At finite temperature and chemical potential, the shift of the non-Gaußian fixed-point towards the Gaußian fixed-point is slowed down and eventually inverted such that the value of the non-Gaußian fixed-point eventually increases with increasing . This suggests again that a critical temperature exists above which the symmetry associated with the coupling is restored.

If the ground state of our model at large chemical potential was governed by the Cooper instability as associated with the exponential scaling behavior (38) of the scale , then the phase boundary would extend to arbitrarily large values of the chemical potential, at least in the strict zero-temperature limit. However, this is not observed in the numerical solution of the full set of RG flow equations, see Figs. 3 and 4. Of course, this does not imply that difermion-type phases are not favored at all in this model (e.g. a phase with a chirally invariant -breaking -condensate) since the phase structure also depends on our choice for the initial conditions of the four-fermion couplings. The formation of such phases may therefore be realized by a suitable tuning of the initial conditions. Still, the vacuum phase structure of our model suggests that the general features of the phase diagrams presented in Figs. 3 and 4 persist over a significant range of initial values for the couplings and , see Fig. 1.

## V Conclusions

In this work we have analyzed the phase structure of a one-flavor NJL model at finite temperature and chemical potential. With the aid of RG flow equations, we aimed at an understanding on how Fierz-incomplete approximations affect the predictive power of general NJL-type models, which are also frequently employed to study the phase structure of QCD. To this end, we have considered the RG flow of four-fermion couplings at leading order of the derivative expansion. This approximation already includes corrections beyond the mean-field approximation which is inevitable to preserve the invariance of the results under Fierz transformations.

We have found that Fierz-incompleteness affects strongly key quantities, such as the curvature of the phase boundary at small chemical potential. Indeed, the curvature obtained in a calculation including only the conventional scalar-pseudoscalar channel has been found to be about greater than in the Fierz-complete study. With respect to the critical value of the chemical potential above which no spontaneous symmetry breaking occurs, we have found that in the Fierz-complete study is about greater than in the conventional one-channel approximation. Moreover, we have observed that the position of the phase boundary depends strongly on the number of four-fermion channels included in Fierz-incomplete studies. In general, Fierz-incomplete calculations may either overestimate or underestimate the size of the regime governed by spontaneous symmetry breaking in the plane. The actual approach to the result from the Fierz-complete study depends strongly on the type of the channels included in such studies. In fact, our analysis suggests that the use of Fierz-incomplete approximations may even lead to the prediction of spurious phases, in particular at large chemical potential.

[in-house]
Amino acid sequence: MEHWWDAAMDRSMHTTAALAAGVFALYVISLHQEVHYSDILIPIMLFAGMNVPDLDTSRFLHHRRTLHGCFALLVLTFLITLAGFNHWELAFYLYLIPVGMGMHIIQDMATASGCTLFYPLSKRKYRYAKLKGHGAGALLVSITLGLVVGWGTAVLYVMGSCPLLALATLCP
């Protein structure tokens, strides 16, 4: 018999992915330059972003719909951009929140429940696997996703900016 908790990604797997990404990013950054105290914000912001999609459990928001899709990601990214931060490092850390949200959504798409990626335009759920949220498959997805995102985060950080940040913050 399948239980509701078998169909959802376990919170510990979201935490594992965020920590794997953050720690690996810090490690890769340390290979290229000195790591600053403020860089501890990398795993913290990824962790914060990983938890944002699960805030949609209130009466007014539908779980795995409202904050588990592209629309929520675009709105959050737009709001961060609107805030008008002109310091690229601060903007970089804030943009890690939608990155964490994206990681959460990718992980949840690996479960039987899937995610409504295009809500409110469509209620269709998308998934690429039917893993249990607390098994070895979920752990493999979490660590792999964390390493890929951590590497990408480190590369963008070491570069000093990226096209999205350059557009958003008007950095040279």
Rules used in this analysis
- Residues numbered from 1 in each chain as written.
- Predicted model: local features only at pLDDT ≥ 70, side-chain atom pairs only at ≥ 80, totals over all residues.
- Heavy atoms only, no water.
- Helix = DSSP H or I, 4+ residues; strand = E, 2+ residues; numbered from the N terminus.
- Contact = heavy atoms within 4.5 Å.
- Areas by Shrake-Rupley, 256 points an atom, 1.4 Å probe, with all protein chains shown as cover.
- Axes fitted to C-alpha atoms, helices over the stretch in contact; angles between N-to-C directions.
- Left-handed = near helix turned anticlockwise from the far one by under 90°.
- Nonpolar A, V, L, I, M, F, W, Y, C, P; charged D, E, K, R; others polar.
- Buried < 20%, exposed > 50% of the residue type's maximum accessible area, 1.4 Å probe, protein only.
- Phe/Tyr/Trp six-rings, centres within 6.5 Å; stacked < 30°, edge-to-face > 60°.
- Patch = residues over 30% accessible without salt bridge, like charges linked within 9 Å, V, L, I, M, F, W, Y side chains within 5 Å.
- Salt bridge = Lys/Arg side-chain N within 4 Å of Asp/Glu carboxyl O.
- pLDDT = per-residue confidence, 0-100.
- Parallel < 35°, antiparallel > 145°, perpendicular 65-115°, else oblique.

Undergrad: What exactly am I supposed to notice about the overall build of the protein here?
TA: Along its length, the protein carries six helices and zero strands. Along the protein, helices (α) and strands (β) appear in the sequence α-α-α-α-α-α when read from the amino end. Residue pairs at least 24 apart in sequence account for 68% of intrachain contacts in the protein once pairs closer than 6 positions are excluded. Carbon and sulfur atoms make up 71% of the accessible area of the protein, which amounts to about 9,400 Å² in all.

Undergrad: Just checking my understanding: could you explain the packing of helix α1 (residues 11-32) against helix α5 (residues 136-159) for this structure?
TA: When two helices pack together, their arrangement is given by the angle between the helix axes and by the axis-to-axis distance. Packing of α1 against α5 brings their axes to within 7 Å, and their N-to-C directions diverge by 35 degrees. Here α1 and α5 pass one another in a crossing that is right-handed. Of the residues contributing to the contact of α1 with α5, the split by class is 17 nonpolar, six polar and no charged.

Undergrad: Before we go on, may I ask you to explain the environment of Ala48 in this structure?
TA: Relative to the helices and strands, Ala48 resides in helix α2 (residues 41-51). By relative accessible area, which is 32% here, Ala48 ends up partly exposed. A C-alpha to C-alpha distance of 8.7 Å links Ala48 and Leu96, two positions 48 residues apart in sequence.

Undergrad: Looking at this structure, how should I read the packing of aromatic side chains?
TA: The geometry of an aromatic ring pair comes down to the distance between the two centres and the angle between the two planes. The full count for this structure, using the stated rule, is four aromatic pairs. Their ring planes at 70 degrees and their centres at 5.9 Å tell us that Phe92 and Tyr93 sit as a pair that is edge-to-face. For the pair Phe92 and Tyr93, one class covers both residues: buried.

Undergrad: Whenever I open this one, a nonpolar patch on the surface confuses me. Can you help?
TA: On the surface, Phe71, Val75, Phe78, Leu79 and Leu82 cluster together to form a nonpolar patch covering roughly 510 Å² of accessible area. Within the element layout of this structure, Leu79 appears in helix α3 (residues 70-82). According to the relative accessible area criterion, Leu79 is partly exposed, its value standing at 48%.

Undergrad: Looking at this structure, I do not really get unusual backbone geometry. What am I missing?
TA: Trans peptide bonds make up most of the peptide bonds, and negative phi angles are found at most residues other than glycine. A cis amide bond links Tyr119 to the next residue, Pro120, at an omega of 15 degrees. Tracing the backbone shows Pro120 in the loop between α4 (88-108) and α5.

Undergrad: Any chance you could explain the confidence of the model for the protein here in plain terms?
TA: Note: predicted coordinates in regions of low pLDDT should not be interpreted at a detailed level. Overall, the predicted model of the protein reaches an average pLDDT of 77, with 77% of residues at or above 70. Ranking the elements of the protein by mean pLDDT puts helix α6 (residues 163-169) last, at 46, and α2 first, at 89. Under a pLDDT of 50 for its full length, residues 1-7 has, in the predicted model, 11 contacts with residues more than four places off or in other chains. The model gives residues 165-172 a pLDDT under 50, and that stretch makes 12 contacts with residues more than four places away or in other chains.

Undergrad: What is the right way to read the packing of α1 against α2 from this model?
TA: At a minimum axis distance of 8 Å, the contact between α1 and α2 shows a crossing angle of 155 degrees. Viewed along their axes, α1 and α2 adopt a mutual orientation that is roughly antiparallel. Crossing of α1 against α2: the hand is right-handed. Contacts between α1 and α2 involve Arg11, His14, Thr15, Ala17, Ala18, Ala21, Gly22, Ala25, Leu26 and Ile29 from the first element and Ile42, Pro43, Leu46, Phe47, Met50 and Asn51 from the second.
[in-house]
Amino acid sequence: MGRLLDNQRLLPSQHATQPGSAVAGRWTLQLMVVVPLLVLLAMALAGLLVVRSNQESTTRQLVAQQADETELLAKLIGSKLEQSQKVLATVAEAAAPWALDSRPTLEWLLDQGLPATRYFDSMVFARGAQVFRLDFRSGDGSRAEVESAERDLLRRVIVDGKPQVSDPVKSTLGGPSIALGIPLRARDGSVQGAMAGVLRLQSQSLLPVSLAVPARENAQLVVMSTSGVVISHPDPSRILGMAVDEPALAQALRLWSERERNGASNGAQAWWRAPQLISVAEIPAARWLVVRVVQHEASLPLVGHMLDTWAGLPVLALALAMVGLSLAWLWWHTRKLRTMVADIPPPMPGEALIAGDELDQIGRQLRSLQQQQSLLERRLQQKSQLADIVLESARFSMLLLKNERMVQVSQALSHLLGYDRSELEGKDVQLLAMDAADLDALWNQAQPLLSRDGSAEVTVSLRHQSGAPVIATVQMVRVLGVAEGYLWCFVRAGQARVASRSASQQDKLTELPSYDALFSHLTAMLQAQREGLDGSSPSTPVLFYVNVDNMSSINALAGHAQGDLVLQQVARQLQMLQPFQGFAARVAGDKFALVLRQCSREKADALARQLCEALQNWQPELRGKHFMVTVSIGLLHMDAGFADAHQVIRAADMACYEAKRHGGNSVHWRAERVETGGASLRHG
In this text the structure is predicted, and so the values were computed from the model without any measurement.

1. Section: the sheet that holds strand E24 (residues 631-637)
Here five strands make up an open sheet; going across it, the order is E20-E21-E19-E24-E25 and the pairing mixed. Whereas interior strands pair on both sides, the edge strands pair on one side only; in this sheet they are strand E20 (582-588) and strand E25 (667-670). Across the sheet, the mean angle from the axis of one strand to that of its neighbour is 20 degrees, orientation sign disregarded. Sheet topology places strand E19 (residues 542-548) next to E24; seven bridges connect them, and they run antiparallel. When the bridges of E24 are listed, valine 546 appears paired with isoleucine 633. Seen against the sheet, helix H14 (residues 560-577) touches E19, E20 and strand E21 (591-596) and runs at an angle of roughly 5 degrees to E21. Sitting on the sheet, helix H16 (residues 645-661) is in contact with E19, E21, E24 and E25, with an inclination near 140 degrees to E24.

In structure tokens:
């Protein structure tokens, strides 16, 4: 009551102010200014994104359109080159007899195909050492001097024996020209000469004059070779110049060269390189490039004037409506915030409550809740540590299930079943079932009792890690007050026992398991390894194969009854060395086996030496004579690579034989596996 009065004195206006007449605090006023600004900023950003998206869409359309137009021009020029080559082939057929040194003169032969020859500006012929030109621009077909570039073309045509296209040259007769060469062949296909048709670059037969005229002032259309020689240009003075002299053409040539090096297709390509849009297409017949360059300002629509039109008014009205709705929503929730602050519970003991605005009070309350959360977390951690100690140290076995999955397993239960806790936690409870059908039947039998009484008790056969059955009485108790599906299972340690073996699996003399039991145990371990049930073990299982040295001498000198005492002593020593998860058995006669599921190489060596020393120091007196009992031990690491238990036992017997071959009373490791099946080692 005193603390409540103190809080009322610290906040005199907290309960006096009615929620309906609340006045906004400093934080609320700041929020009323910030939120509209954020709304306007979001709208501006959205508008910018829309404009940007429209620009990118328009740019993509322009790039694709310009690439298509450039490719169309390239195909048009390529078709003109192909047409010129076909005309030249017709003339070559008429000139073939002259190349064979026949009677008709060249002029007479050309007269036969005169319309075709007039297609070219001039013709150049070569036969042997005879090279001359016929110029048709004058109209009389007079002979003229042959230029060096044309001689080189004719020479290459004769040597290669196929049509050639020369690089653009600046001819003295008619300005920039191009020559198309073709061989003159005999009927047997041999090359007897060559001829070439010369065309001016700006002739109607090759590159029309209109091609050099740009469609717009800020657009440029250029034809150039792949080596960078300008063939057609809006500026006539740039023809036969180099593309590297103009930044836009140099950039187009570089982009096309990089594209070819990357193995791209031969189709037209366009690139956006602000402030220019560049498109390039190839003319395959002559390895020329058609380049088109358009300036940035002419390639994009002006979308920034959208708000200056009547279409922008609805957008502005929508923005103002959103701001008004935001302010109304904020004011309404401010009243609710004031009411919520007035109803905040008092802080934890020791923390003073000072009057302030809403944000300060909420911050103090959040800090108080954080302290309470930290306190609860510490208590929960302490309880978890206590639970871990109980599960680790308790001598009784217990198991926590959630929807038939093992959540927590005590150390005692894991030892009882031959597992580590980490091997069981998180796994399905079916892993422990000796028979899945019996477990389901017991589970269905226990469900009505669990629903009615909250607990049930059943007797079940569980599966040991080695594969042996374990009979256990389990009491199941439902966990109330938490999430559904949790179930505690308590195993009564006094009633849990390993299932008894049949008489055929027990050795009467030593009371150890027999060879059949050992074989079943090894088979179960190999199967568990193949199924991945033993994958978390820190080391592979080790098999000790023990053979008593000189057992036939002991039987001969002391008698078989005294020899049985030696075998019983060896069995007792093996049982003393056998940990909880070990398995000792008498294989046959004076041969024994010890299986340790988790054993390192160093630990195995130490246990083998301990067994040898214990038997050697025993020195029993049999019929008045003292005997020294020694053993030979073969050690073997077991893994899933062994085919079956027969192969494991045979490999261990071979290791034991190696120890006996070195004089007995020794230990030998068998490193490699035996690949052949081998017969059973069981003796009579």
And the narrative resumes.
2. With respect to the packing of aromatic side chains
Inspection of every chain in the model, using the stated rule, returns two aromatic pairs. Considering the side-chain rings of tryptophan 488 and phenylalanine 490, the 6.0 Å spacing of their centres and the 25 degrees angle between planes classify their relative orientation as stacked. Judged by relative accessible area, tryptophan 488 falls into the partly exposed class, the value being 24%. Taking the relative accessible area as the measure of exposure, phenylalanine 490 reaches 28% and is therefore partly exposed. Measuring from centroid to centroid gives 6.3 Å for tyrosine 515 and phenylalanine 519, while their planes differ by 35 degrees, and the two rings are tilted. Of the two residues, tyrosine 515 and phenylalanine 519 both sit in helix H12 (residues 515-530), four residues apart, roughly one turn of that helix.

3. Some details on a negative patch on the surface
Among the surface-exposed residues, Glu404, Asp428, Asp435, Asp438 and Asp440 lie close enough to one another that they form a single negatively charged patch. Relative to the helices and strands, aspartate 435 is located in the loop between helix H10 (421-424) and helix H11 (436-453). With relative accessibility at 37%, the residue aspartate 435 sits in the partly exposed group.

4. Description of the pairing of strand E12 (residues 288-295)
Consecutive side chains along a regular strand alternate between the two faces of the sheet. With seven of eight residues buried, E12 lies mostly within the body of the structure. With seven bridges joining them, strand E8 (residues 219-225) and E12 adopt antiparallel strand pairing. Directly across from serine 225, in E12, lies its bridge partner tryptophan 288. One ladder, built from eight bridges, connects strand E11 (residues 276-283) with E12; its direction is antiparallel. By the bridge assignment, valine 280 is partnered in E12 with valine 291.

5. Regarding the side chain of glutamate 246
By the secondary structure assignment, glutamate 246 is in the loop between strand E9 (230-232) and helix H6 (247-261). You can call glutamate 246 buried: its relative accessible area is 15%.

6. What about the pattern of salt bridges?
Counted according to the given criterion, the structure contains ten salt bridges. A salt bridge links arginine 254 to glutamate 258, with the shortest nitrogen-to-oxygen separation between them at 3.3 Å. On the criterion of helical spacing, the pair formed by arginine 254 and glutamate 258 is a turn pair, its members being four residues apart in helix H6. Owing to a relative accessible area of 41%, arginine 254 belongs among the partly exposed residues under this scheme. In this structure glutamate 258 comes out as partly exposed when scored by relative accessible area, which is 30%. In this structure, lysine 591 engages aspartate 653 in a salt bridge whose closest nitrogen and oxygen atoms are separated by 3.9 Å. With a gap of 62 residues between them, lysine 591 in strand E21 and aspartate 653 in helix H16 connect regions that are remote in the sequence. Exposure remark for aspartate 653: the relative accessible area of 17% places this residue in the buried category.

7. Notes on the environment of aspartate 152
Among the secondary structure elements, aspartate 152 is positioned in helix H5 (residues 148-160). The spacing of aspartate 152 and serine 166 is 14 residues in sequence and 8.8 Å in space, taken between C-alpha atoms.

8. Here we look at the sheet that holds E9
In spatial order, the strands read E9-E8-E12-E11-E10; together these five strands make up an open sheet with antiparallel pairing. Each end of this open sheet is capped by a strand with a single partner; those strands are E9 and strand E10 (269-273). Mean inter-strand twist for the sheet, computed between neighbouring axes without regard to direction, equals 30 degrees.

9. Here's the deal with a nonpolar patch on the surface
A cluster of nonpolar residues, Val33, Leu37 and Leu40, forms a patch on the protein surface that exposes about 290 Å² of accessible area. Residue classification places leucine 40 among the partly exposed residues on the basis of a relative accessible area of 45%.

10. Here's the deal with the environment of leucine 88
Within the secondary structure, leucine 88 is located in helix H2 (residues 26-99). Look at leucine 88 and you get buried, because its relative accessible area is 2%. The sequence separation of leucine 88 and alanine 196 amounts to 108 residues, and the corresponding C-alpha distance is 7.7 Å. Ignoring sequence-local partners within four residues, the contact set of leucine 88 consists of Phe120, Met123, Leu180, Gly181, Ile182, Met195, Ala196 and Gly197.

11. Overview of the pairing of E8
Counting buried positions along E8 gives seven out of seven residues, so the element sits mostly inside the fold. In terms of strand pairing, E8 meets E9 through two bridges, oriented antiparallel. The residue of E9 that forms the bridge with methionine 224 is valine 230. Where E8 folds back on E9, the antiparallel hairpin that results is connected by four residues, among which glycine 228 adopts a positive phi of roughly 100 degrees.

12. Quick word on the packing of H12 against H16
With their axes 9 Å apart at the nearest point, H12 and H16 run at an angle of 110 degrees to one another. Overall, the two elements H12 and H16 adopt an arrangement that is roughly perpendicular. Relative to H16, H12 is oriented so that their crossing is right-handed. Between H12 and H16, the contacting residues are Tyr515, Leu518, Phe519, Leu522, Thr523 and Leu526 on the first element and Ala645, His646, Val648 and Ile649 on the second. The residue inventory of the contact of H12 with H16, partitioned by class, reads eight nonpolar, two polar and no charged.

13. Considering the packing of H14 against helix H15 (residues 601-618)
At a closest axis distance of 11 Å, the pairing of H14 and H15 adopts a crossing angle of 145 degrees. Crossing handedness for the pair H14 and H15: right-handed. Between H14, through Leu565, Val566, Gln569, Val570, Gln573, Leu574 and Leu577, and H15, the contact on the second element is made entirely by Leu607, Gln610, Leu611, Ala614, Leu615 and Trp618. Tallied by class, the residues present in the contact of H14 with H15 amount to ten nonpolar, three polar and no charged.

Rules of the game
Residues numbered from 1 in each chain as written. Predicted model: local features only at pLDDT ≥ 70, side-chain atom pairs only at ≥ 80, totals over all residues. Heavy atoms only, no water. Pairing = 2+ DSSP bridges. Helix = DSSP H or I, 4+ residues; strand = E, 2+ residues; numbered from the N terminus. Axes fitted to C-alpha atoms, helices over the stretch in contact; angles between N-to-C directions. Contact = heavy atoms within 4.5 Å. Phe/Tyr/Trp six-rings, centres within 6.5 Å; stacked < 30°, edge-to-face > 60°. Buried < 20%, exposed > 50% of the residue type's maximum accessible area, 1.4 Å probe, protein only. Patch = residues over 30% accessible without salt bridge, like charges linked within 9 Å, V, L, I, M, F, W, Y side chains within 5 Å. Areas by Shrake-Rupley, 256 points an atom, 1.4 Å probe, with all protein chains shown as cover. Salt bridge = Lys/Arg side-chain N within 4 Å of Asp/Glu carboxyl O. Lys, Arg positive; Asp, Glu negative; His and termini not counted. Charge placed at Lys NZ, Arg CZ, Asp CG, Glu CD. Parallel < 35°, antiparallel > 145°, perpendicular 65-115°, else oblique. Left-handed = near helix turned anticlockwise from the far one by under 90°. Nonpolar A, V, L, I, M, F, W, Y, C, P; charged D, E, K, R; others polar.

With respect to a determination of the properties of the actual ground state in the phase governed by spontaneous symmetry breaking, our present study based on the analysis of RG flow equations at leading order of the derivative expansion is limited. In order to gain at least some insight into this question, we have analyzed which four-fermion channel dominates the dynamics of the system close to the phase boundary. A dominance of a given channel may then indicate the formation of a corresponding condensate. As we have discussed, however, this criterion has to be taken with some care, in particular when only one specific parametrization of the four-fermion channels is considered. This also holds for Fierz-complete studies. In this work, we have used two different Fierz-complete parametrizations and found that, over a wide range of the chemical potential, the dynamics close to the phase boundary is dominated by the conventional scalar-pseudoscalar channel associated with chiral symmetry breaking. At large chemical potential, the dynamics close to the phase boundary then appears in both cases to be dominated by channels which break explicitly Poincaré invariance.

As a second criterion for the determination of at least some properties of the ground state of the regime governed by spontaneous symmetry breaking, we have analyzed on general grounds the scaling behavior of the loop diagrams contributing to the RG flow of the four-fermion couplings. The scaling of these diagrams as a function of the dimensionless temperature and chemical potential determines the fixed-point structure of the theory at finite temperature and chemical potential. Our fixed-point analysis suggests that the dynamics close to and below the phase boundary is governed by the formation of a condensate with fermion number . In contrast to QCD (see, e.g., Refs. Bailin and Love (1984); Buballa (2005); Alford et al. (2008); Anglani et al. (2014) for reviews), the formation of difermion-type condensates with fermion number does not appear to be favored, at least at large chemical potential for the initial conditions of the RG flow equations employed in our present study.

Of course, at the present order of the derivative expansion, the employed criteria can only serve as indicators for the actual properties of the ground state